PlaystationPI: putting it all together and final words

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Before putting it all back together, this is what it looked like inside:

All components fit inside
All components fit inside

Despite being rather big, not a lot of space is available in the box once the build is complete. A tremendous amount of space could have been saved by soldering the USB, RJ45 and HDMI directly onto the Raspberry Pi but that would have required a lot of work for little benefit. In fact, since all the cables can still be easily unplugged, this build becomes easy to service in case something dies.

The power plug was reinforced with a big splat of glue as it will likely be submitted to a couple kilos of force when unplugging the connector. It’s a really tight fit and not easy to unplug.

I didn’t expand myself too much on the software part, but of course it runs Retropie.

The machine under the TV
The machine under the TV


Final words

All in all, I am very happy with this build. It runs great as an all in one gaming machine and I have lots of fun re-playing the games of my childhood. Of course, a Raspberry Pi out of the box can do this, but it’s a lot less fun isn’t it?

To conclude with this build, here is a short post mortem list of interesting little notes about it:

Power control & ATXRaspi

One key element which I feel like is incomplete is the power handling. ATXRaspi is a great little board, but it doesn’t manage out of the box a reset button. The reset button on the Playstation remains therefore completely flat and doesn’t do anything. To be honest I never really use the reset button, but it would be nice if it was working as intended.

January 2017 Update: This information was valid at the time the PlaystationPi was built and uses revision 2.6 of the ATXRaspi board. Starting from 2.7, ATXRaspi supports both power and reset buttons.

The ATXRaspi however hides a bigger issue: if you shutdown the machine through software (e.g: sudo shutdown now) without using the power button, the LED will stay on even though the Pi is off – ATXRaspi considers it was never turned off. I think the board should detect the Pi is off and turns itself off after a set amount of time. That would make a lot more sense to me.

This has led me to go on with a 2nd pet project: building my own power control board, based on Arduino (ATTINY) and a power MOSFET transistor. More on that soon.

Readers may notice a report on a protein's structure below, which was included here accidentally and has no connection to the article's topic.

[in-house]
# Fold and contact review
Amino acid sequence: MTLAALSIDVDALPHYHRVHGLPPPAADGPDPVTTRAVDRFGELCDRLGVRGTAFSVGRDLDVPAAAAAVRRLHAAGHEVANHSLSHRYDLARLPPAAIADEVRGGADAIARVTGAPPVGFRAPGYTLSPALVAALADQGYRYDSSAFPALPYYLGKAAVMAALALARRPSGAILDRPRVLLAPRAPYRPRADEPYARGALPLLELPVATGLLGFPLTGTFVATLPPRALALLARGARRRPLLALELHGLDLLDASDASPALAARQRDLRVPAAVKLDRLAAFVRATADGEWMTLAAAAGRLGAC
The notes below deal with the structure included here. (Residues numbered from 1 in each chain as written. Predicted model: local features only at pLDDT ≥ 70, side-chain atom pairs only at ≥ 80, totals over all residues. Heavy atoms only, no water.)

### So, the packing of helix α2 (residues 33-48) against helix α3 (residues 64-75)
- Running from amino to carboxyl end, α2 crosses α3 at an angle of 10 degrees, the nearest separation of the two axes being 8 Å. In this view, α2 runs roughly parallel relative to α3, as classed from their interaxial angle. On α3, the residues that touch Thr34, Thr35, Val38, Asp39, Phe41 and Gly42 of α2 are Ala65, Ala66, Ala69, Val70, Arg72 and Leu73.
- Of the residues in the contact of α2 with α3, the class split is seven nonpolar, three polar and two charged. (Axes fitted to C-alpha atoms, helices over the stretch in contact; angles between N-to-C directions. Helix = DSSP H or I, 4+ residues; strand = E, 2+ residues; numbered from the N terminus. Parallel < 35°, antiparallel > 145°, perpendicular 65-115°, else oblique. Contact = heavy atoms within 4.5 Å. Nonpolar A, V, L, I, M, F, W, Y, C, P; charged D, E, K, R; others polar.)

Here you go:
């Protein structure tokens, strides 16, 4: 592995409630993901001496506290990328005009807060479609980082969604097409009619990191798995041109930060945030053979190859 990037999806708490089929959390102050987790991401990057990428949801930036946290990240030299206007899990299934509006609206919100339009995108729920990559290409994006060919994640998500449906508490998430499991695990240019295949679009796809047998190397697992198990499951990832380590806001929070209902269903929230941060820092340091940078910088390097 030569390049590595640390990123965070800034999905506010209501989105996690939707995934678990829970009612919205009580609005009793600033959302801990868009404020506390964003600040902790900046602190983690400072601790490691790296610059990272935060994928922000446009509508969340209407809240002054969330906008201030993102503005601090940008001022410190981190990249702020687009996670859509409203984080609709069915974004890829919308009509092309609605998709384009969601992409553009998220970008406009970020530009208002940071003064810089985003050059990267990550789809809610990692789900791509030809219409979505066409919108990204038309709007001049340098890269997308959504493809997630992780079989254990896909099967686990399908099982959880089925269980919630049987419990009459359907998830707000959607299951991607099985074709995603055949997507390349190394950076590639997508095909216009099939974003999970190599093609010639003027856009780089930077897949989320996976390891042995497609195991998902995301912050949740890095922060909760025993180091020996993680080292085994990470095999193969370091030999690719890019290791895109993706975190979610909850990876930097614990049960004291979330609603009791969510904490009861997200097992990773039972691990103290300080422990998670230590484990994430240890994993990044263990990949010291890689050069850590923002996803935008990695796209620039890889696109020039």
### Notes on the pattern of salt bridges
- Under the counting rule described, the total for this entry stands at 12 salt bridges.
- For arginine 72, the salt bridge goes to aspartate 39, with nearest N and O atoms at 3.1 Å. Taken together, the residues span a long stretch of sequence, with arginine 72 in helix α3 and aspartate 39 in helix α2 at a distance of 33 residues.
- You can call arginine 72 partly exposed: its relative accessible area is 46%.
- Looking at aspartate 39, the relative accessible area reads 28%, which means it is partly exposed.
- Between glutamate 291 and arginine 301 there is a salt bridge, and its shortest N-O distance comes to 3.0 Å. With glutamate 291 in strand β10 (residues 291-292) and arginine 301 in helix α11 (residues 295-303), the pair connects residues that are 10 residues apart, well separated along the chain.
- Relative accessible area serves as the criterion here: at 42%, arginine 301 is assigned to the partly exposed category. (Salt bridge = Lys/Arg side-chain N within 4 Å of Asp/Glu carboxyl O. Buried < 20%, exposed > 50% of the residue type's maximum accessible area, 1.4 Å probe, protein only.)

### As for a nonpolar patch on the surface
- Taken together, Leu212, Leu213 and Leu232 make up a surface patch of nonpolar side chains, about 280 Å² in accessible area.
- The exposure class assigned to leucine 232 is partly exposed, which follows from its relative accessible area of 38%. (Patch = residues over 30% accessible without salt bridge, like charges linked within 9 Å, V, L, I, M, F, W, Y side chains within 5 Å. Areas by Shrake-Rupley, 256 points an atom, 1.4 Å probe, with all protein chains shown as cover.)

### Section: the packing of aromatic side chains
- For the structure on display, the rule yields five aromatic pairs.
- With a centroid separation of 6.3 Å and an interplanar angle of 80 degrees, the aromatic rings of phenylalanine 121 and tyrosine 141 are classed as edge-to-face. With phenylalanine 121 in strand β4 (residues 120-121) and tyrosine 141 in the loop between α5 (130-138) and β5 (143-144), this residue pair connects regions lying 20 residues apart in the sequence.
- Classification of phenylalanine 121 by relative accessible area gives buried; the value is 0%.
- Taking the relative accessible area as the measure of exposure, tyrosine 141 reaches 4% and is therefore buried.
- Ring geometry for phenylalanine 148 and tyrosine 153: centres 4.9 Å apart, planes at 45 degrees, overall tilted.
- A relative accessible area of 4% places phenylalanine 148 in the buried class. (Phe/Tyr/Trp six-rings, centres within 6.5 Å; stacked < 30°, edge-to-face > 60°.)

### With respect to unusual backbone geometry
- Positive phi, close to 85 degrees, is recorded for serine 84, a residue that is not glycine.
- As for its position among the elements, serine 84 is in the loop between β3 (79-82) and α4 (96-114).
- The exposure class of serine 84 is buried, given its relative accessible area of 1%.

Missing USBs

Originally, I wanted to use the back USB parallel port to add two additional USB ports.

Additional USB ports
Additional USB ports


It would have fit in perfectly, but there was simply not enough space inside the case so I gave up on this idea.


Total cost

There are lots of hidden cost in this build, because I bought some parts I ended up not using and there are some parts which are not counted but are absolutely necessary to the success of the whole process: a good soldering iron, de-soldering pump, heat shrink tubing, wires and jumpers of all kind, etc. etc. This being said, I can try summing up the cost here:

Description From… Local currency US Dollars
Japanese Playstation 1 for parts eBay $30.00
ATXRaspi & shipping LowPowerLab $29.90
Raspberry PI 3 Element14 SGD 53.00 $36.57
Lasert cut parts on 1.5mm acrylic local shop ( SGD 71.69 $49.47
Tracopower 5V 3A power supply Element14 SGD 35.78 $24.69
USB panel mounts cable Aliexpress $2.00
HDMI panel mount cable Aliexpress $2.60
RJ45 panel mount cable Aliexpress $1.20
Copper heatsinks eBay SGD 2.45 $1.69
Figure 8 connector & plug Element14 SGD 4.83 $3.33
M2.5 nylon nuts Element14 SGD 2.30 $1.59
M2.5 steel nuts Element14 SGD 2.52 $1.74
M2.5 screws Element14 SGD 5.60 $3.86
Nilon spacers Element14 SGD 1.04 $0.72
Button and LED local shop SGD 3.00 $2.07
Aluminium heatsink Element14 SGD 2.57 $1.77
TOTAL     $193.20

All little things add up, and at around ~US$200, like with any hobby, costs are adding up quickly!

This conclude this small series on this custom-made Retropie machine. Thanks to everyone for reading this far and special thanks to my wife for bearing with my nerdy pet projects!


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